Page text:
Brandon ended up doing the Han Solo frozen in carbonite treatment to deal with some weirdness on the back of the scan, in the process adding a party hat. I let Chris do the honors of starting the print, and then we set up OBS Studio to stream the print job to YouTube so that the M&E students could monitor progress remotely.
As it turns out, the model didn’t quite print correctly, so there’s some work to do there, but isn’t that why we prototype?
This was the first of hopefully many chances for the M&E Club to work in the Innovation Center, and I’m looking forward to finding ways to plug students in to various projects, in the mold of the History game tiles project.
Gena Estep (History) and I have been working on a prototype for a classroom activity that has students organizing and matching some important historical events and their outcomes. She showed me a paper prototype, and I cooked up a quick design in SketchUp for some interlocking game pieces:
A quick print and some post-processing with a Sharpie later…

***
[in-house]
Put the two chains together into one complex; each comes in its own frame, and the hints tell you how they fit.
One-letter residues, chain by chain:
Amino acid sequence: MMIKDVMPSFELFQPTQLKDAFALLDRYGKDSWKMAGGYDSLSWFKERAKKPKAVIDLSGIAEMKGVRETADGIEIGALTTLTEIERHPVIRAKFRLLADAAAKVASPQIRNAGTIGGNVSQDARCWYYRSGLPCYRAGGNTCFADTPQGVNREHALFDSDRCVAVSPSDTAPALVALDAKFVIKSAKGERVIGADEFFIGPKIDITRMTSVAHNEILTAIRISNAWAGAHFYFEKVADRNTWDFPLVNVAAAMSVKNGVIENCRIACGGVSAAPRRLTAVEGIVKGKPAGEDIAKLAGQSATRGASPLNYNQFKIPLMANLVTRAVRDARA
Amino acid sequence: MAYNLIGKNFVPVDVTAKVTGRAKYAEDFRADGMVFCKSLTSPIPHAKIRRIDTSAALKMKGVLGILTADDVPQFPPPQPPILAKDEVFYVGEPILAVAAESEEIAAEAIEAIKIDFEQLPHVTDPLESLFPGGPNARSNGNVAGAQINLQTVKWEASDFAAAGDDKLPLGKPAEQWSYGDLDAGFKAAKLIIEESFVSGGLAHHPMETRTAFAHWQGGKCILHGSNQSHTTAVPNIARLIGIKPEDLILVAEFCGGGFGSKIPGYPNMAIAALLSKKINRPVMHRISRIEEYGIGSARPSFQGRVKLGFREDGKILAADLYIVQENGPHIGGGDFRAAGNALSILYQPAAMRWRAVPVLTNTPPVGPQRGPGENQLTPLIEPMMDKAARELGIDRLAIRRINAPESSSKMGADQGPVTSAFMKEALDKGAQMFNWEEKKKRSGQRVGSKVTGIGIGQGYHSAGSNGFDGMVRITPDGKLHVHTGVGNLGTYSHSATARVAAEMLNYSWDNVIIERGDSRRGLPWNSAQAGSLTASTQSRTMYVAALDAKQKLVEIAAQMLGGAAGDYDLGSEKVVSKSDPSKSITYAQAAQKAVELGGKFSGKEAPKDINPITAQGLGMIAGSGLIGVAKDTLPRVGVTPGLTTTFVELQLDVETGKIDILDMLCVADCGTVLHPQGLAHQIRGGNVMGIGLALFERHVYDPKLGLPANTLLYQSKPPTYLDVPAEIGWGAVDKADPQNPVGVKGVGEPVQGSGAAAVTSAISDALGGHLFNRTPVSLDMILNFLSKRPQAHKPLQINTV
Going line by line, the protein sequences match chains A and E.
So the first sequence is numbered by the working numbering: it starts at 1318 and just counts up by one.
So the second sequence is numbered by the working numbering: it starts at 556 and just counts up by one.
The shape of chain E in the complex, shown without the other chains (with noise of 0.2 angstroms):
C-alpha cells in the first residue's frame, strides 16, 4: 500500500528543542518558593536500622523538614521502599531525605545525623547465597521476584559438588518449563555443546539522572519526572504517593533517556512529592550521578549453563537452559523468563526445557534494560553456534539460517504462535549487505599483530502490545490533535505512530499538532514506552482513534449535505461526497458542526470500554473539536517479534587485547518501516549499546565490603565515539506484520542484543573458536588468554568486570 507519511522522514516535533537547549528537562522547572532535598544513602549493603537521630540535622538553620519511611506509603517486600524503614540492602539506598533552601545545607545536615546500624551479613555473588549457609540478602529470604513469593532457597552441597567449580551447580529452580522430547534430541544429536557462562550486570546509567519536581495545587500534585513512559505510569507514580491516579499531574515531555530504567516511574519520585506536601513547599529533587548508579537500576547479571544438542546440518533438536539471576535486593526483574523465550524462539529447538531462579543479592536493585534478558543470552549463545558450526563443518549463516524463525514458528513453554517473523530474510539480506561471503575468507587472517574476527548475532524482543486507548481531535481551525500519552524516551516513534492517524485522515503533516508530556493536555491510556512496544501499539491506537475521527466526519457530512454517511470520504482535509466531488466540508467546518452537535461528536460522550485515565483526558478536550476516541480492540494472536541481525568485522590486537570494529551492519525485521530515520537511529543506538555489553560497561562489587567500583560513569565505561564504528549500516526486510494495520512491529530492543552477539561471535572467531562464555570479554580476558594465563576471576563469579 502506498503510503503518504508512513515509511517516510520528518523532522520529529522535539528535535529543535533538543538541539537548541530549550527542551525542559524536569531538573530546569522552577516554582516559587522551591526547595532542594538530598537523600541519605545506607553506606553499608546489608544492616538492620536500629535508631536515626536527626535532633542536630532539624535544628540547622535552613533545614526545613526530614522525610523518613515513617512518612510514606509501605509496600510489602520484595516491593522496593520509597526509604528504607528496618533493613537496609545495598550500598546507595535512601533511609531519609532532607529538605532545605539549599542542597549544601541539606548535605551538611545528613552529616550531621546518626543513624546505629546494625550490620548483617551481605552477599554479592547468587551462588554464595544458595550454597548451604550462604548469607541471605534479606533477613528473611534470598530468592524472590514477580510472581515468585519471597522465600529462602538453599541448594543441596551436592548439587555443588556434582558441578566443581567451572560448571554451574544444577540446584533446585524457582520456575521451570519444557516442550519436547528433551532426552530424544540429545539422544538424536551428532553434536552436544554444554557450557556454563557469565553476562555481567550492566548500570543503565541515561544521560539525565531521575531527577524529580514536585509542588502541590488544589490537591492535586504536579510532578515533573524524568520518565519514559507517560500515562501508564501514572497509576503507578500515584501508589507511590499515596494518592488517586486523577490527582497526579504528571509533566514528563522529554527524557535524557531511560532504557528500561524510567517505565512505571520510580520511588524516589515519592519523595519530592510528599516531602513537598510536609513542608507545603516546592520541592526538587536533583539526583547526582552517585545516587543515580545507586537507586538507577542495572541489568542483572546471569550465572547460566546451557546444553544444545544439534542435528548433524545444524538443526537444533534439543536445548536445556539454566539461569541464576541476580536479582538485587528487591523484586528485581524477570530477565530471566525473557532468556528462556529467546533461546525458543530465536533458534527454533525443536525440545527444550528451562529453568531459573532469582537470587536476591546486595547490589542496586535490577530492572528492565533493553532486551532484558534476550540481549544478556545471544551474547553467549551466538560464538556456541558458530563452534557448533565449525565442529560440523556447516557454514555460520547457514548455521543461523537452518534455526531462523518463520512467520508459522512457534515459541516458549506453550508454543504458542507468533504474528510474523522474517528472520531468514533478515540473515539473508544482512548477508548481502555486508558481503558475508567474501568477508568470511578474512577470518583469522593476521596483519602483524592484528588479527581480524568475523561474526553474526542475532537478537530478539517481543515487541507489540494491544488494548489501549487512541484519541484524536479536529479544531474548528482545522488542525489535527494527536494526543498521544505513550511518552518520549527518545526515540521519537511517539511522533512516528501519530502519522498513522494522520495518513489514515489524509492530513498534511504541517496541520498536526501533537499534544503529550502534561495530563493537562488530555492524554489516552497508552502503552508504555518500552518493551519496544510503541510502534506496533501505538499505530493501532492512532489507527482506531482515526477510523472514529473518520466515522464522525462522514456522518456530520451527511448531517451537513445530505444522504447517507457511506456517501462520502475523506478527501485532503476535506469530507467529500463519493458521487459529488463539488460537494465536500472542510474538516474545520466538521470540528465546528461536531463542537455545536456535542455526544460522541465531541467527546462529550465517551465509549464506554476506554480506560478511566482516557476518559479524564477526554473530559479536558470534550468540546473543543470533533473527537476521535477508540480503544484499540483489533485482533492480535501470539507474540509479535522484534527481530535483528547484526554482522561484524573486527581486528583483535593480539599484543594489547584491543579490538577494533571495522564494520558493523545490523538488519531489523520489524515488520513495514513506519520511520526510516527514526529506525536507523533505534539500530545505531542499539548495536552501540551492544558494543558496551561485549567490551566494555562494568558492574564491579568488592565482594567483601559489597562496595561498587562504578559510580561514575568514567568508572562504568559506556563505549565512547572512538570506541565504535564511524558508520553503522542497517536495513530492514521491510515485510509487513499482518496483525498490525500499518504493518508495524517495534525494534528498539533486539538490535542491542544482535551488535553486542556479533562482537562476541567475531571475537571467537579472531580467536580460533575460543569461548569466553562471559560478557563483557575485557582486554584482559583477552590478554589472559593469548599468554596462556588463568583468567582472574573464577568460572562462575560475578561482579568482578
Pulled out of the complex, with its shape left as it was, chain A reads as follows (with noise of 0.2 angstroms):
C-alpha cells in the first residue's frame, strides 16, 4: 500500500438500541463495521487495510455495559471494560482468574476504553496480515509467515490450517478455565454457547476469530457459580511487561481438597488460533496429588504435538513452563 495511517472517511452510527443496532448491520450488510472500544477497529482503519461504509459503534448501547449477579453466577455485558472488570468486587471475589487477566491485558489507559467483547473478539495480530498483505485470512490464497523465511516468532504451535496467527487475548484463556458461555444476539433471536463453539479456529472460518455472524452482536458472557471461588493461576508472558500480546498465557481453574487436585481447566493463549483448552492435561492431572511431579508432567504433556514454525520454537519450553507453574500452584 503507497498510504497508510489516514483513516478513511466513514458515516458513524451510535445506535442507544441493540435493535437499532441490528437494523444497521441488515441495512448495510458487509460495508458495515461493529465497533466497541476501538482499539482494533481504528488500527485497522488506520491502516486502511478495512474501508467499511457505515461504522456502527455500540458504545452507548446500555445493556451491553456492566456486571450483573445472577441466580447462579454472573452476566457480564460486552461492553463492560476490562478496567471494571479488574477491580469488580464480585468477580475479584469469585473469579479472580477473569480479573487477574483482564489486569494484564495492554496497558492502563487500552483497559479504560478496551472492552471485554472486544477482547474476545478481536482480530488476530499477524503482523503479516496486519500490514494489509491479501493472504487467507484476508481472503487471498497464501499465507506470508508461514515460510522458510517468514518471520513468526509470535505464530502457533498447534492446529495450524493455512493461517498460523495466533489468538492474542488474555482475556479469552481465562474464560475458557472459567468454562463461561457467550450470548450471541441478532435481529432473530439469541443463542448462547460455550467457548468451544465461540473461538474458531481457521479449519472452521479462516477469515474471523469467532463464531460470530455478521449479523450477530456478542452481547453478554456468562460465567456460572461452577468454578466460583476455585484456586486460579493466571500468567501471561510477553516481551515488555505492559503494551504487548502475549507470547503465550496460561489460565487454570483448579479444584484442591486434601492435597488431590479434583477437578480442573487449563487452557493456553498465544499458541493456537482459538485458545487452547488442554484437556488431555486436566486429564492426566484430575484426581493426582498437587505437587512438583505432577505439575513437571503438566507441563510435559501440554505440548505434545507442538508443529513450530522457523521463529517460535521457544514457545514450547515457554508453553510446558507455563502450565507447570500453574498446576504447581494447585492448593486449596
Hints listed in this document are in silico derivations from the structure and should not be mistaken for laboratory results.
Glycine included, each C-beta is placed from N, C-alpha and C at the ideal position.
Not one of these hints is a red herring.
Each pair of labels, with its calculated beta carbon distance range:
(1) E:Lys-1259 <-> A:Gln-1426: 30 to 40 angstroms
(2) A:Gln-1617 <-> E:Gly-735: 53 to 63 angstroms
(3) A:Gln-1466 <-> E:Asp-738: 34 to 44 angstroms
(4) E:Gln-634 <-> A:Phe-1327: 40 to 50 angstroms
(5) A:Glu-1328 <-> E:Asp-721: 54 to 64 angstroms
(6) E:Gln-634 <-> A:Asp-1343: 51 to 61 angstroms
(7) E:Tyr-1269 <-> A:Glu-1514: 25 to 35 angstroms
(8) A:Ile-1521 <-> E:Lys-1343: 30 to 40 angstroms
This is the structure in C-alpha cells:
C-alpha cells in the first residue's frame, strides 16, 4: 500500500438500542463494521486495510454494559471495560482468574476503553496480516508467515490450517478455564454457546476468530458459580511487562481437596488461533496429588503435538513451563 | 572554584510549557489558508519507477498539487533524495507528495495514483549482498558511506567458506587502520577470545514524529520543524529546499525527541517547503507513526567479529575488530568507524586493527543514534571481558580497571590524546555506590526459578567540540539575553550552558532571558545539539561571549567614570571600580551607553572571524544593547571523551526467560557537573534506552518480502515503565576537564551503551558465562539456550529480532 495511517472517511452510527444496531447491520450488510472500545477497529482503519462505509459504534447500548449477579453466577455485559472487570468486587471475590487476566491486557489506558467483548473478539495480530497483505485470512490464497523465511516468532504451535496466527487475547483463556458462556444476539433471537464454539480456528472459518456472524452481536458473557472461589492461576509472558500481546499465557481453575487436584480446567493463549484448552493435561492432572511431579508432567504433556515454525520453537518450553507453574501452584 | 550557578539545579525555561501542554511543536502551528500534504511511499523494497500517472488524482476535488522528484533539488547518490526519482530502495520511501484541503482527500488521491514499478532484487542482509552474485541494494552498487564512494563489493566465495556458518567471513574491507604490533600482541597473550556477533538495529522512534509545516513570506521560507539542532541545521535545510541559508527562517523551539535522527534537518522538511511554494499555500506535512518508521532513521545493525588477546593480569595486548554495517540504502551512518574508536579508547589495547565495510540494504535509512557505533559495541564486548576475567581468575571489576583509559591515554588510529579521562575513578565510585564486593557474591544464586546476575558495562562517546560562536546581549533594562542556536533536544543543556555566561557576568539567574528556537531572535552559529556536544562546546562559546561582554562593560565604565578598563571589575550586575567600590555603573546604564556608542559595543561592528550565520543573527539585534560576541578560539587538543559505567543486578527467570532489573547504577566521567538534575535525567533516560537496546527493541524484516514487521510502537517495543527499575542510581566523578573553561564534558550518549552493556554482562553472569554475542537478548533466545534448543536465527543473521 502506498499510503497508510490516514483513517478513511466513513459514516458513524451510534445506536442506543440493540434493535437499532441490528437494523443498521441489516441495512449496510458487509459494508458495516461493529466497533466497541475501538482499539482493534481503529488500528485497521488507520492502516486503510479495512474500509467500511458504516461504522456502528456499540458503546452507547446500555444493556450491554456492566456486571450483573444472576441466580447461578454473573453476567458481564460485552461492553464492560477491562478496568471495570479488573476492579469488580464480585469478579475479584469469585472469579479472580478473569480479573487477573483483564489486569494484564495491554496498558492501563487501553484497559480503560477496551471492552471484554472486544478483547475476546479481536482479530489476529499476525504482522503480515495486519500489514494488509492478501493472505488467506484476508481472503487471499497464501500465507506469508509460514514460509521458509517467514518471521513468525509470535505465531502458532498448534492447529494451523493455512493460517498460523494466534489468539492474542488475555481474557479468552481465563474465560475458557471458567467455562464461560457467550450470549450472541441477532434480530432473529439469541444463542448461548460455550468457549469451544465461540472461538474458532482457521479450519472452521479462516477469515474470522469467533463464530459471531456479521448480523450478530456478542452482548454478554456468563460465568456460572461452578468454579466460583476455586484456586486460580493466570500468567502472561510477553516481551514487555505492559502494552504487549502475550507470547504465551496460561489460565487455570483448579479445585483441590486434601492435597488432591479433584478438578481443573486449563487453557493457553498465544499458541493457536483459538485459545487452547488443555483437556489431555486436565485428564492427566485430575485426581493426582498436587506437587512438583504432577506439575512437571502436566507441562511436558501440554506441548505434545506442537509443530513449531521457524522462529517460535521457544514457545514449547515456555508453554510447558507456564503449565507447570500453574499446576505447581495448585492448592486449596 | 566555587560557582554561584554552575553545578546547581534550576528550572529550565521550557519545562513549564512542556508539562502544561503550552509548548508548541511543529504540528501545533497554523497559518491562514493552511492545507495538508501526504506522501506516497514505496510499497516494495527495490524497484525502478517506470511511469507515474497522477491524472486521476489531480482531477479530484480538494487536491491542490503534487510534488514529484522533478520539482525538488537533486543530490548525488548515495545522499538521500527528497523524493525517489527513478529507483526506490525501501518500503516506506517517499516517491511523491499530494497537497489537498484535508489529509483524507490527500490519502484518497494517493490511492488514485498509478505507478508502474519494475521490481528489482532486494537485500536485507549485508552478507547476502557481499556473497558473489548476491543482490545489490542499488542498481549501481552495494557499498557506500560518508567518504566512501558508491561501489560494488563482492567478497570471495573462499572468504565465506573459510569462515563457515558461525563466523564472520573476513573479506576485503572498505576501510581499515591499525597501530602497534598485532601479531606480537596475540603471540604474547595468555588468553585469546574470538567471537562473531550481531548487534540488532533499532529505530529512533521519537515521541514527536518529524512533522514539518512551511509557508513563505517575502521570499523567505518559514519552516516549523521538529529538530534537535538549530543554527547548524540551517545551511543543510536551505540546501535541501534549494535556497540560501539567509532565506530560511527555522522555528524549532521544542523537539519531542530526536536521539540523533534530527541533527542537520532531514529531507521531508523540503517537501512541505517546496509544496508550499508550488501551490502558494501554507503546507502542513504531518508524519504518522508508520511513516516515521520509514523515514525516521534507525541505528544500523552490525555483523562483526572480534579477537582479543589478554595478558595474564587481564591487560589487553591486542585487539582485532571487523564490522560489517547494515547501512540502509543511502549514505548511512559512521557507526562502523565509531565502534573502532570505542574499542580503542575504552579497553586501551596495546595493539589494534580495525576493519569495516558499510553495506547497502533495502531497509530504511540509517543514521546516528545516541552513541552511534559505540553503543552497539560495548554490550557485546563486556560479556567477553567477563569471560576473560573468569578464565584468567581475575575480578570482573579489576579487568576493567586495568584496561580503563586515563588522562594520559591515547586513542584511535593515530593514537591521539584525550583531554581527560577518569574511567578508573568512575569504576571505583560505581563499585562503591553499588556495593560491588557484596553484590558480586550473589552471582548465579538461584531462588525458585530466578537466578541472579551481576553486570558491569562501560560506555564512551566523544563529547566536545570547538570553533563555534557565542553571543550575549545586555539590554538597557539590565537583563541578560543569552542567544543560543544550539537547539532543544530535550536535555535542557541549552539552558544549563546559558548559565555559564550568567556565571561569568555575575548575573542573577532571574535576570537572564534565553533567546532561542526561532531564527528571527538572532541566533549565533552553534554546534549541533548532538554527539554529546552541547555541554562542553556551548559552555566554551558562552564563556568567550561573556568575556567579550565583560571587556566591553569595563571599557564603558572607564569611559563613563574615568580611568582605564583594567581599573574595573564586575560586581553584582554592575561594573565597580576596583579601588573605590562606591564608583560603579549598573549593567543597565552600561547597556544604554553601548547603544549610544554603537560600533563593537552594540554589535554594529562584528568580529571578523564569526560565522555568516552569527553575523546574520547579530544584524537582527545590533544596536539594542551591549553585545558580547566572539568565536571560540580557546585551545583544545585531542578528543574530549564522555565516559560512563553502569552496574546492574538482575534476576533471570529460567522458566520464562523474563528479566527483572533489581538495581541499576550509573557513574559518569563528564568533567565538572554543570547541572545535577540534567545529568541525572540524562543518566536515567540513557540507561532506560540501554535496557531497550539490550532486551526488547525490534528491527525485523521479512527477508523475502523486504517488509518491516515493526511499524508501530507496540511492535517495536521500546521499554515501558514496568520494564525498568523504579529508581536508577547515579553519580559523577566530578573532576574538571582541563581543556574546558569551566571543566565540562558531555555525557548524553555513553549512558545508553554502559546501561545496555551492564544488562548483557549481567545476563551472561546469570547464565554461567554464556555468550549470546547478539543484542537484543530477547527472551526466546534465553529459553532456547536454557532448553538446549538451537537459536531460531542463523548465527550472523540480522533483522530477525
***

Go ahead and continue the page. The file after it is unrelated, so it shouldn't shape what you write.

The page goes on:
The third tile didn’t quite work out, but for a first run it got the concept across. Next up: figuring out a reasonably quick production process for generating STLs for all the pieces needed. I’m looking into using OpenSCAD to create customizable objects for the Thingiverse customizer.
Alex Hartigan (student) designed and printed up this 3D Cartesian coordinate model for use with the Calc III models he’s been making lately in collaboration with Kevin Pipkin (Math, below). Turned out nice!
Steve Holzberg (Biology), pulling a print of BCR-ABL, an unregulated kinase that causes cancer, off of the Ultimaker.
As a prototype, the print was fine, though a little small and bit janky on the bottom, so we set up another job and scaled it up. The result was much better, and I think the white filament is perfect for this particular job.